This made me feel uncomfortable both times; I couldn't shake the aftertaste these declarations left, that this was partly an (unconscious?) desire to appropriate victimhood from the real victims. At least, not stopping for a moment to consider this aspect of what is an extreme identification with the victims seems to cross a boundary for me, although I am happy to accept this may be entirely unintentional.

  17. Sarah Fox says:

    Elena, you might appreciate the poetry of Paul Celan, a Romanian Jew whose family was killed in the camps during the war. He escaped and lived most of the rest of his life in Paris. German was his "mother tongue," the language of his oppressors, and the tool of his poetry–a subject of incredible complexity for him and one that dominates his work. I think no poet gets to further edges of consciousness and its grievings and passions and pain. Here's probably his most famous poem: http://www.poets.org/viewmedia.php/prmMID/16961

    XO,
    Sarah Fox (Nora's mama, currently in NY waiting with Nora for her overdue little Libra baby to arrive!!!)

  18. foxopomp says:

    Elena, you might appreciate the poetry of Paul Celan, a Romanian Jew whose family was killed in the camps during the war. He escaped and lived most of the rest of his life in Paris. German was his "mother tongue," the language of his oppressors, and the tool of his poetry–a subject of incredible complexity for him and one that dominates his work. I think no poet gets to further edges of consciousness and its grievings and passions and pain. Here's probably his most famous poem: http://www.poets.org/viewmedia.php/prmMID/16961

    xo, Sarah Fox (Nora's mama, currently living in Harlem awaiting with Nora the arrival of her overdue Libra baby! <3 )

  19. Gayla Derges says:

    Oh Elena – so powerful and beautiful! It touched me deeply.

  20. Chris Andresen says:

    I have been to Berlin as well. And being a Christian of Jewish descent, it was for me as well, an interesting experience. I was there in 1995, not long after the wall came down. I understand your hatred. Yet for me, it was an emotion of sadness and loss that I experienced to the greater. My Jewish family had lived in Berlin before the war. None of them survived the war. I visited their synagogue while I was there. Most host family knew my background, and I think it made them uncomfortable. This too I understood because it was their father's generation that had done all this. Yet I saw that this was a generation missing. Nearly all the grandfathers were gone, only the grandmothers remained. The Holocaust, when it was discussed at all, was always couched in apologetic terms. This could have been in deference to me and my background; it's hard to say. I was acting as the translator for my boss, an extended business trip to Potsdam nearby Berlin. The hatred went both ways. I was introduced to the chief of surgery at a Potsdam hospital. An older man of about 60 at the time. In German he said to me, "The last time I saw an American, he was dropping bombs on me." I toured all over Berlin, blending into the general population. My family was from Berlin, after all, and the dialect I spoke was the Berlin dialect. Translators provided by our host for our official meetings said they couldn't tell if I was a native or not, and had to ask to find out which I was, German or American. I saw the devastation left behind by WW2. The bullet holes were still in the walls in 1995, in the Reichstag and many other buildings that had survived the war. In my mind's eye, I could see the devastation, the price that Berlin paid for embracing Nazism. yet the old anger was still there for me as well. We were walking near a waterway one afternoon, when I stepped on a bamboo fishing pole a local had set on the sidewalk. The invectives were fast and thick among which was the term "untermenschen" or sub-human. I bristled and replied with a harshness I hadn't known was there. My host did her best to cover up for me and my outburst, but she knew why I had been so angry. It was that word. By blood, I am a Jew. I think as a Jew, learned to speak Hebrew, like a Jew, and am concerned for my people as any son of Israel would be. I am a son of Jacob, and yet I understand the bewilderment of the journals I have read from my family. How could our own people betray us so? Were we not Germans as well? Did we not spill our blood in the last world war to defend Germany? How then could our own neighbors betray and abuse us so? Yes, I understand the hatred. But, sorrow fills the hole even more so. My people, Germans and Jews have become the lesser for this happening.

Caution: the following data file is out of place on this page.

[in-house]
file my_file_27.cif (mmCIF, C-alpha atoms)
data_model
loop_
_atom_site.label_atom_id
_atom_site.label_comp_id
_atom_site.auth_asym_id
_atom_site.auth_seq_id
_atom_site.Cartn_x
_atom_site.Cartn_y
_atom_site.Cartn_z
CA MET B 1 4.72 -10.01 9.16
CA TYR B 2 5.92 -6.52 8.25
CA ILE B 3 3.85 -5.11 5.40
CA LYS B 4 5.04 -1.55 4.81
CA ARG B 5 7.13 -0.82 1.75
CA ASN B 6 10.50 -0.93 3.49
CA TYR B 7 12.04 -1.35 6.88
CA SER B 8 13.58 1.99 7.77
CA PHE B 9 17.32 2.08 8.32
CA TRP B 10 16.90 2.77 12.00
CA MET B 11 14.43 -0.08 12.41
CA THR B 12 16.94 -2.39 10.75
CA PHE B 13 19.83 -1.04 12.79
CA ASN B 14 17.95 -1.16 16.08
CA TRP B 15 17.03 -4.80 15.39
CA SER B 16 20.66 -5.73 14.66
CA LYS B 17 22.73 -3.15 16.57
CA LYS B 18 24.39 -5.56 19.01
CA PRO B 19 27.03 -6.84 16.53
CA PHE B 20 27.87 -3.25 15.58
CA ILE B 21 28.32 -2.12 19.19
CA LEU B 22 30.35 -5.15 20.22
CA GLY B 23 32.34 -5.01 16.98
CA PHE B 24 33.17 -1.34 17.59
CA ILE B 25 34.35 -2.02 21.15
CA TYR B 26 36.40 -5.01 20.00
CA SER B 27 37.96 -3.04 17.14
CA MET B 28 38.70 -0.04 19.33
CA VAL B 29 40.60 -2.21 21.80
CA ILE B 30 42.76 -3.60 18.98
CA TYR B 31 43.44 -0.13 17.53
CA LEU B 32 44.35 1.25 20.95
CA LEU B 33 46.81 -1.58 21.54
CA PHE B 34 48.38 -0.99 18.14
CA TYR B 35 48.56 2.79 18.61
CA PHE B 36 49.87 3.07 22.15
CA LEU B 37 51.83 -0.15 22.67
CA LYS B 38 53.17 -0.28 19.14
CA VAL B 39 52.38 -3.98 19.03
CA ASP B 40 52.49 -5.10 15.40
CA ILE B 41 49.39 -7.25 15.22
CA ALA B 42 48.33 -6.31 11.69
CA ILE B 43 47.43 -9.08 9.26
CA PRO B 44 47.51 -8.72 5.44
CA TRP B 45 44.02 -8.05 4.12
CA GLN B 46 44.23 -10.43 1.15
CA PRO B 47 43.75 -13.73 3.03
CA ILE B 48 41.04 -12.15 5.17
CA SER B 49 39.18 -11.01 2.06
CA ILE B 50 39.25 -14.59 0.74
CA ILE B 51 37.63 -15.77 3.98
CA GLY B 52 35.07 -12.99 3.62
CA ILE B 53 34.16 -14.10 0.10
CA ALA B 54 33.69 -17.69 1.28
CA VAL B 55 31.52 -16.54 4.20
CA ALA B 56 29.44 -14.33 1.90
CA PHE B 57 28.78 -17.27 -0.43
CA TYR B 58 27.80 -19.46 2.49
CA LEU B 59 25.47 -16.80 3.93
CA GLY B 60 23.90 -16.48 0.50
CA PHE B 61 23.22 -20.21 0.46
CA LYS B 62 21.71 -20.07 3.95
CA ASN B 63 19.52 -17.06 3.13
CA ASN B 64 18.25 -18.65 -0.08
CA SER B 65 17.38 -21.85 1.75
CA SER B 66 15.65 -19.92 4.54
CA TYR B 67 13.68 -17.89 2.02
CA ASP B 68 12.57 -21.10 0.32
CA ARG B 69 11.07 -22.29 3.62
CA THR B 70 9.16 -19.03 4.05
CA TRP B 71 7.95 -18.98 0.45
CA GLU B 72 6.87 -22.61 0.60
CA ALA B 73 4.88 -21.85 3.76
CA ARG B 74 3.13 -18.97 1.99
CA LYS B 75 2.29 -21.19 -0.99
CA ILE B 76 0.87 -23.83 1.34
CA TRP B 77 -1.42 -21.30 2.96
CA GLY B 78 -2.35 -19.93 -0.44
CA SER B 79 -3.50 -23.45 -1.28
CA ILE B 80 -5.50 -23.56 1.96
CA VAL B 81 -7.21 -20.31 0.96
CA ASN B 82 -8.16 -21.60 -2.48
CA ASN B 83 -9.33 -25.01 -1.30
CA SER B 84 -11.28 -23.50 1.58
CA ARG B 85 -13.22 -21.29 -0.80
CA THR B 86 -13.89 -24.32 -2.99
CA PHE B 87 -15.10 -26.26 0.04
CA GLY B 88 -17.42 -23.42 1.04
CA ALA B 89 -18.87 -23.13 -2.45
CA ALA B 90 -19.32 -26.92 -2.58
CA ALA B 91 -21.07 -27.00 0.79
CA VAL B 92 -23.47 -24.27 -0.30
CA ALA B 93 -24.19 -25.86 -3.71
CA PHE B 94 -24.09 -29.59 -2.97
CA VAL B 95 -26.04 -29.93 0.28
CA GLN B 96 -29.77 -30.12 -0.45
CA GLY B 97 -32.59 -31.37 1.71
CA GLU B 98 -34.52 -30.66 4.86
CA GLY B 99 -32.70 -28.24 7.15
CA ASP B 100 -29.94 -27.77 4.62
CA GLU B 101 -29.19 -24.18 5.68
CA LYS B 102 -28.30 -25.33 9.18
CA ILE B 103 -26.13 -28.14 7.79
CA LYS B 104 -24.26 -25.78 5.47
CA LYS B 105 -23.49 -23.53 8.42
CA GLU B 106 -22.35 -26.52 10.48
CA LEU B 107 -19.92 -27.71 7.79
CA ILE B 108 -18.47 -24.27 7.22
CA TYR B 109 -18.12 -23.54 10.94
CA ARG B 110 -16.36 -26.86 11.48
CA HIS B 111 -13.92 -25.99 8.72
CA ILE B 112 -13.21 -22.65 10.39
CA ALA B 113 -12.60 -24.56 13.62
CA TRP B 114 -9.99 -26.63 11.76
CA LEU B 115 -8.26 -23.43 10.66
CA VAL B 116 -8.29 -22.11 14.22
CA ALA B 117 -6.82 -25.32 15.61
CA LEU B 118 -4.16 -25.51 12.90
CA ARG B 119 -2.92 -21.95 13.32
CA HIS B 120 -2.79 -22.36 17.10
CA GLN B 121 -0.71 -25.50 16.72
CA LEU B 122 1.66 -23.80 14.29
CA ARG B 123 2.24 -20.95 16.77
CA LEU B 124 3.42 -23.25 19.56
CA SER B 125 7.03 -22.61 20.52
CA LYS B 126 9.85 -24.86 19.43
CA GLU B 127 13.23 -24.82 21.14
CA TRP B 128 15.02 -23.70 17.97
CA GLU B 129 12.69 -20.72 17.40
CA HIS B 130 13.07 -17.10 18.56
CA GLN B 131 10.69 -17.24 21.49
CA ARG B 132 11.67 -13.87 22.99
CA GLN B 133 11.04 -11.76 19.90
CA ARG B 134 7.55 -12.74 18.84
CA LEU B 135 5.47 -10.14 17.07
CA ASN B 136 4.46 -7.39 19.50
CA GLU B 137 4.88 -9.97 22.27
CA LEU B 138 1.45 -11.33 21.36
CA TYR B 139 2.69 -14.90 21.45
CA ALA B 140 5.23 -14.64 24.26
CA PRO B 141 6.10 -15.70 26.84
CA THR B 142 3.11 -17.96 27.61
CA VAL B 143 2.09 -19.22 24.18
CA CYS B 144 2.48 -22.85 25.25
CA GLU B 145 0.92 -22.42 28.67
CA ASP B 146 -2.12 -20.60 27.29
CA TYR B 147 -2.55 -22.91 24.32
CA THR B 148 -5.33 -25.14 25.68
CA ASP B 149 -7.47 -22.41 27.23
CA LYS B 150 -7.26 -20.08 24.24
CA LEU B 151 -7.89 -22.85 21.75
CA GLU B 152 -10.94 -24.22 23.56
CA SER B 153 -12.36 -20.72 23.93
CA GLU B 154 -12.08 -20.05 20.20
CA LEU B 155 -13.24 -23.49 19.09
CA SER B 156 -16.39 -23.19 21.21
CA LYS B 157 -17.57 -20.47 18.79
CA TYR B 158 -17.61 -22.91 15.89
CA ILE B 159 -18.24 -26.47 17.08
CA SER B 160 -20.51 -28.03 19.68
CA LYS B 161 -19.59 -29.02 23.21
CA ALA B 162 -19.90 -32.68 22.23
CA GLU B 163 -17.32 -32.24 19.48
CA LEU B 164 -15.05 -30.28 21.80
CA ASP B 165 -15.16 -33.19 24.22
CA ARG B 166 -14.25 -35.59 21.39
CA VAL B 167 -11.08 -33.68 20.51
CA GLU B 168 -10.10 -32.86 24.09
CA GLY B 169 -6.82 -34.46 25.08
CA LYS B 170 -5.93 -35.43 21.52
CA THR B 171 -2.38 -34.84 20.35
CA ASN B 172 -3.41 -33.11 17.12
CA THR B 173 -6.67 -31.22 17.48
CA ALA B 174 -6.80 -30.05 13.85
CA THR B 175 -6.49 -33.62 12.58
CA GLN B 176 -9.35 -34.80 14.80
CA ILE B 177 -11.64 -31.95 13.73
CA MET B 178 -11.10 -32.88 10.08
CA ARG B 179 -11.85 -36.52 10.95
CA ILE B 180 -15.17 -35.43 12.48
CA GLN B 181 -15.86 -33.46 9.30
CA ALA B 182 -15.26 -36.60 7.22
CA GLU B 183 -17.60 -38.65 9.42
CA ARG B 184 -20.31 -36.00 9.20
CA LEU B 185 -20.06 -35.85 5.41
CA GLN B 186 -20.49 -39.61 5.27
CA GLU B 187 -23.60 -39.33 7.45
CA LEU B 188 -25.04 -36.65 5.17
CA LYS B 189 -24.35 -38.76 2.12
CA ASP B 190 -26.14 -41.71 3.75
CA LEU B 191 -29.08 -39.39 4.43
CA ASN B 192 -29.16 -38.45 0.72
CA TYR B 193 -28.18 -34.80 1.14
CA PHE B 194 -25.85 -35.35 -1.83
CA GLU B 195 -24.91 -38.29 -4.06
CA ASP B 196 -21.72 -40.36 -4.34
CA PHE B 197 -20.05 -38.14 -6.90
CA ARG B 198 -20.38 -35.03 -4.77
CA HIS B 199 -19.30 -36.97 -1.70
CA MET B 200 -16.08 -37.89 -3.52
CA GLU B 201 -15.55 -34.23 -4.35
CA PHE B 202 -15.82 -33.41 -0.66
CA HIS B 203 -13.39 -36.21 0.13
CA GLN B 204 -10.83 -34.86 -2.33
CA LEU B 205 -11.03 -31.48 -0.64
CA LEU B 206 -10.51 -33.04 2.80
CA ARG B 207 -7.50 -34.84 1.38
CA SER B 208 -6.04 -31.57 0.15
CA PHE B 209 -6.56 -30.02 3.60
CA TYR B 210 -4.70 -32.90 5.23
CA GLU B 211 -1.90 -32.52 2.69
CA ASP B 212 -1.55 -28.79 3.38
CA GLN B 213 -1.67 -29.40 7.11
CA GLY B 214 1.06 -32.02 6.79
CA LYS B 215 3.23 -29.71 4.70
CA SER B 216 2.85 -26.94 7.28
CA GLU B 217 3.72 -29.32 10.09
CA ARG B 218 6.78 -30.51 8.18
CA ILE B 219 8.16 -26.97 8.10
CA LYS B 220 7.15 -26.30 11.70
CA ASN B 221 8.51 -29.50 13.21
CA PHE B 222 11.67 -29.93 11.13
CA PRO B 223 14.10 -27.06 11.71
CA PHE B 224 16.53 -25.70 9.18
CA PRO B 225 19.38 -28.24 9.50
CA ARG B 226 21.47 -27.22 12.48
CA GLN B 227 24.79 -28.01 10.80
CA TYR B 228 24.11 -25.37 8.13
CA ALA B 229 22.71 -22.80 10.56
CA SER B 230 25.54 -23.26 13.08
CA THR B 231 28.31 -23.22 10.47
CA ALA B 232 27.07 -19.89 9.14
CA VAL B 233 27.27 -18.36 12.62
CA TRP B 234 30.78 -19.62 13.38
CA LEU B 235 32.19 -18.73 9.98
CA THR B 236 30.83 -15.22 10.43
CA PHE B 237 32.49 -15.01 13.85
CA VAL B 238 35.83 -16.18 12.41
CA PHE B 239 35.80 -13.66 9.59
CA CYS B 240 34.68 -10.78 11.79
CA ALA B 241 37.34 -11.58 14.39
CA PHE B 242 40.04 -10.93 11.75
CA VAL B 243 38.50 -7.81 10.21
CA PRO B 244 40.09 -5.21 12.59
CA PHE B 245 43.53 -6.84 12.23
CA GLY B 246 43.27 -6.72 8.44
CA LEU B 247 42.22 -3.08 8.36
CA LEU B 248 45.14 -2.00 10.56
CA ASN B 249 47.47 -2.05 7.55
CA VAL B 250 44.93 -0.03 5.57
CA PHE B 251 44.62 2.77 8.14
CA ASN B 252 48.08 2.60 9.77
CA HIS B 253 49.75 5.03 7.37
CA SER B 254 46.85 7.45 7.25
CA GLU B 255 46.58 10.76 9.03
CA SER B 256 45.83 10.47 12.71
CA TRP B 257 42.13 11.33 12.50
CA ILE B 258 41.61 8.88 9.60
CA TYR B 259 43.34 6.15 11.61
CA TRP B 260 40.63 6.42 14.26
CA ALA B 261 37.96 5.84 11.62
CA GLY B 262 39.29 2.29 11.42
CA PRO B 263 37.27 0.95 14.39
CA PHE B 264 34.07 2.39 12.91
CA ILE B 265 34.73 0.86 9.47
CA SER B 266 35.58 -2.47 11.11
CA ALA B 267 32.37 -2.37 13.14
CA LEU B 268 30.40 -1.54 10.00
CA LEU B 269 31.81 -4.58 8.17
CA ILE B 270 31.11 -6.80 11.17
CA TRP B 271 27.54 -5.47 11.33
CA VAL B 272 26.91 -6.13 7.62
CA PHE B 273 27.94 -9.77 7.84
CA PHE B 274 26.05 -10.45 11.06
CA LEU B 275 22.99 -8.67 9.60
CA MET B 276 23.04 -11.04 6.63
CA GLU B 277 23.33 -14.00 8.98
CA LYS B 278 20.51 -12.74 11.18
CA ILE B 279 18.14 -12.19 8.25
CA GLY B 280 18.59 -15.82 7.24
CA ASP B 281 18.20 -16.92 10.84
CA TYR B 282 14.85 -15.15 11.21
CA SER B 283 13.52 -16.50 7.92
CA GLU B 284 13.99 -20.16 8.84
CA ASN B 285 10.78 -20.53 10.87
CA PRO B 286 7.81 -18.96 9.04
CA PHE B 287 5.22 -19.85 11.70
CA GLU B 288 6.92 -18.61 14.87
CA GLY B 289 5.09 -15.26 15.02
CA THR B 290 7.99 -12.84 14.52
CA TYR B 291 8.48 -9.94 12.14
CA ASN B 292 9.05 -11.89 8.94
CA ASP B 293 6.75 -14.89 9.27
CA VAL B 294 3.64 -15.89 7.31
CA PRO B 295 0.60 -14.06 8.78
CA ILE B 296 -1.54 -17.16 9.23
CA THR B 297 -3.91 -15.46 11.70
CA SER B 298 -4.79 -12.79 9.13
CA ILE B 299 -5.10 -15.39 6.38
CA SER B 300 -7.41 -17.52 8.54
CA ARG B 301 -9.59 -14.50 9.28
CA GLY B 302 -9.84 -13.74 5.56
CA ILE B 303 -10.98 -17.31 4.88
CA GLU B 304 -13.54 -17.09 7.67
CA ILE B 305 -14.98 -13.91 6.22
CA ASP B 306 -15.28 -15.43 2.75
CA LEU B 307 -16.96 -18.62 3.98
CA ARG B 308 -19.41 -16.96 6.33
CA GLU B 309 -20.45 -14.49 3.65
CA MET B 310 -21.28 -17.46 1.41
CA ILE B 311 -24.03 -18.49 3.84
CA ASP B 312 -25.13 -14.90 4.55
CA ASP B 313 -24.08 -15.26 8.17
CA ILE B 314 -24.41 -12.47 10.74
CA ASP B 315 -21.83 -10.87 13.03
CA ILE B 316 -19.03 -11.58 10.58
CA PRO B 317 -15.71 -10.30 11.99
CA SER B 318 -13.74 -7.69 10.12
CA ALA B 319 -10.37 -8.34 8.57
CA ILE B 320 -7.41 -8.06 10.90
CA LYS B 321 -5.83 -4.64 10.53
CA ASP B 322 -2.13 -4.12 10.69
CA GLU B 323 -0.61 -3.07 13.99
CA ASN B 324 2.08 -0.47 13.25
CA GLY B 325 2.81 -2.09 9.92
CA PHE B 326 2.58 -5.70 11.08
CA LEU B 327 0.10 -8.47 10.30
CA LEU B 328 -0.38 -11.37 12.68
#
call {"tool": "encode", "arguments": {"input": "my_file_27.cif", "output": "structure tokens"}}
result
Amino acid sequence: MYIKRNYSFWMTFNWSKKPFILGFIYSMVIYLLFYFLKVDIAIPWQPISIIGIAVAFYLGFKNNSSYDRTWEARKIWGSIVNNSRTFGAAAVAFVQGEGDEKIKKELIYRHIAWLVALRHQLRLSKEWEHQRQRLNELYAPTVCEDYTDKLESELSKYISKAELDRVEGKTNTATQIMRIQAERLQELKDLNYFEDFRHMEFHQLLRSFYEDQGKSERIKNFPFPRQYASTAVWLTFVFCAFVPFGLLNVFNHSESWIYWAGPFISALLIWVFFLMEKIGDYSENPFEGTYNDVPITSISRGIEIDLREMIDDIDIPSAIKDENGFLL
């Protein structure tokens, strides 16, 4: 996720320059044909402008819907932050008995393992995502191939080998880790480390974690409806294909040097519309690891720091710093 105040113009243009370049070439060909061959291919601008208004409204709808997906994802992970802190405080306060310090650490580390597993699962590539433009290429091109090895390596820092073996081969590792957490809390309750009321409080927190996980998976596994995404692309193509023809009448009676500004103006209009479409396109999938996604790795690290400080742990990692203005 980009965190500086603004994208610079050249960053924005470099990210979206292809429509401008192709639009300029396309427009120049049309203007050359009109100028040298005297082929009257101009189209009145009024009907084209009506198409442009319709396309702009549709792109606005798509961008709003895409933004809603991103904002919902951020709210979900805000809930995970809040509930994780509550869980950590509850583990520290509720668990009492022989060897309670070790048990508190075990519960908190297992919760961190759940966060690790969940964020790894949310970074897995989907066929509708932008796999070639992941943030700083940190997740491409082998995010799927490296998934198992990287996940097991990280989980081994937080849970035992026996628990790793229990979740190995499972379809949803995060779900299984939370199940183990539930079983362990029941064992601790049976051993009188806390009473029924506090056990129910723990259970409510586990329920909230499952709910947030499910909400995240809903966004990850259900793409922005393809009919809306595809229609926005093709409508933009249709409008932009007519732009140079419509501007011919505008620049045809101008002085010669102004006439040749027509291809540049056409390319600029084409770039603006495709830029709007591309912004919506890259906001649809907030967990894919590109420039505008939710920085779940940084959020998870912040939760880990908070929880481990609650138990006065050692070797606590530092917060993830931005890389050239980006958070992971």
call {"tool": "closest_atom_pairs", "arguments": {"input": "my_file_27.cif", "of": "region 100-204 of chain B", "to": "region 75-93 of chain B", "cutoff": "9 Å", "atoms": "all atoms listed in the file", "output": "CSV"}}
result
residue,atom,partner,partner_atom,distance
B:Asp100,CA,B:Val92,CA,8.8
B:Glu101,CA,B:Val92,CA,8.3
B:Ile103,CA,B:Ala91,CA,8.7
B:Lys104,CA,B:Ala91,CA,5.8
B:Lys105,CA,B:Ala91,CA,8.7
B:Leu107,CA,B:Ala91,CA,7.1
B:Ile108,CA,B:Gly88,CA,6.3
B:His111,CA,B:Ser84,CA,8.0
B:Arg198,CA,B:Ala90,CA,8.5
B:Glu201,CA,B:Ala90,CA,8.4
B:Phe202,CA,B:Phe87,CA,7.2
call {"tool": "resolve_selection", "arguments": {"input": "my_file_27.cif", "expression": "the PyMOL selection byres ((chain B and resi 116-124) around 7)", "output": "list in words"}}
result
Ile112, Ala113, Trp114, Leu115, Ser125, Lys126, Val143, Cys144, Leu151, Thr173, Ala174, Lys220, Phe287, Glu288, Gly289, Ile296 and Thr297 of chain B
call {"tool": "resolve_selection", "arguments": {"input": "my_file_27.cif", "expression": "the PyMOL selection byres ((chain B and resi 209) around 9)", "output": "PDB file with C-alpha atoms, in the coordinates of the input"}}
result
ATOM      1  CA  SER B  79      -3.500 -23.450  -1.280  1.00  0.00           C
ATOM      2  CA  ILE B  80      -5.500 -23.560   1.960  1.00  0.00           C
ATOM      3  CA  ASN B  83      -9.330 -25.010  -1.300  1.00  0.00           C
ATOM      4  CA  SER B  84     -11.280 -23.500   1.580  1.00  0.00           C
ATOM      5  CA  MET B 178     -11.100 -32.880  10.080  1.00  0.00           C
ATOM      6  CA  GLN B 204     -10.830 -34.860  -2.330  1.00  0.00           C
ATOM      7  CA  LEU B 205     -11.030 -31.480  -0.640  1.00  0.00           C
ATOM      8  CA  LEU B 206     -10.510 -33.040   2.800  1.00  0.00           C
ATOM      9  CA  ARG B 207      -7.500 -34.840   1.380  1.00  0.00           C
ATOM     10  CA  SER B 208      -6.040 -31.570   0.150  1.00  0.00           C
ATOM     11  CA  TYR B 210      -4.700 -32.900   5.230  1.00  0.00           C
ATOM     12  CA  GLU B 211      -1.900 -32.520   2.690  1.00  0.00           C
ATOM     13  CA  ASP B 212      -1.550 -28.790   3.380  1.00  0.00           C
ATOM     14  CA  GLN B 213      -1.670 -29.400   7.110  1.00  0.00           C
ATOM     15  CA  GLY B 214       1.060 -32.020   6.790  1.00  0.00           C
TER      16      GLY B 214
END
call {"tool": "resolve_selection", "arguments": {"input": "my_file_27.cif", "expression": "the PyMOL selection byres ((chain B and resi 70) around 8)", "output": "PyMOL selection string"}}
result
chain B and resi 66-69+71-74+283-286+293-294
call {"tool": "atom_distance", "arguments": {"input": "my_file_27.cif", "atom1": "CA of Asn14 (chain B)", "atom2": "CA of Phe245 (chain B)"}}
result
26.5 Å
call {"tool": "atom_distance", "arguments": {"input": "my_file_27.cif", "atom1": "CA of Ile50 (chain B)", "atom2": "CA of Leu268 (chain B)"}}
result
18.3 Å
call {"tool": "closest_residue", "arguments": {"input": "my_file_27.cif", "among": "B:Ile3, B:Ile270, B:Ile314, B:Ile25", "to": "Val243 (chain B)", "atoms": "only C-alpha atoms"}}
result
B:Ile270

21. Agata says:

    I am a Polish girl living currently in Germany. My country was invaded, destroyed by the nazis in 1939. I lived near Auschwitz, it was the place we went at least once in a year from school, I know it so well so, almost by heart. It was a schock to a child I was the first time I went there, it took me years to understand, to accept the truth, the unimaginable things that happened there. The war and holocaust belong to polish history like nothing else, it destroyed everything and nothing could ever be the same. The litterature, the arts never stopped dealing with this time, how could they… Yet, I never ever felt like the Germans I meet now have to apologize for something their grandparents did and I’m proud of that. I’ve read and been thought for years about atrocities nazis did to people, to children and it made me cry and the images never left my head but I can live in this country without any hatred, I can talk the language without thinking of the nazis yelling their orders in it. Thank you, Elena for this, for chosing to come to Germany, despite your mixed feelings. For forgiving, for rising above hatred and intolerance.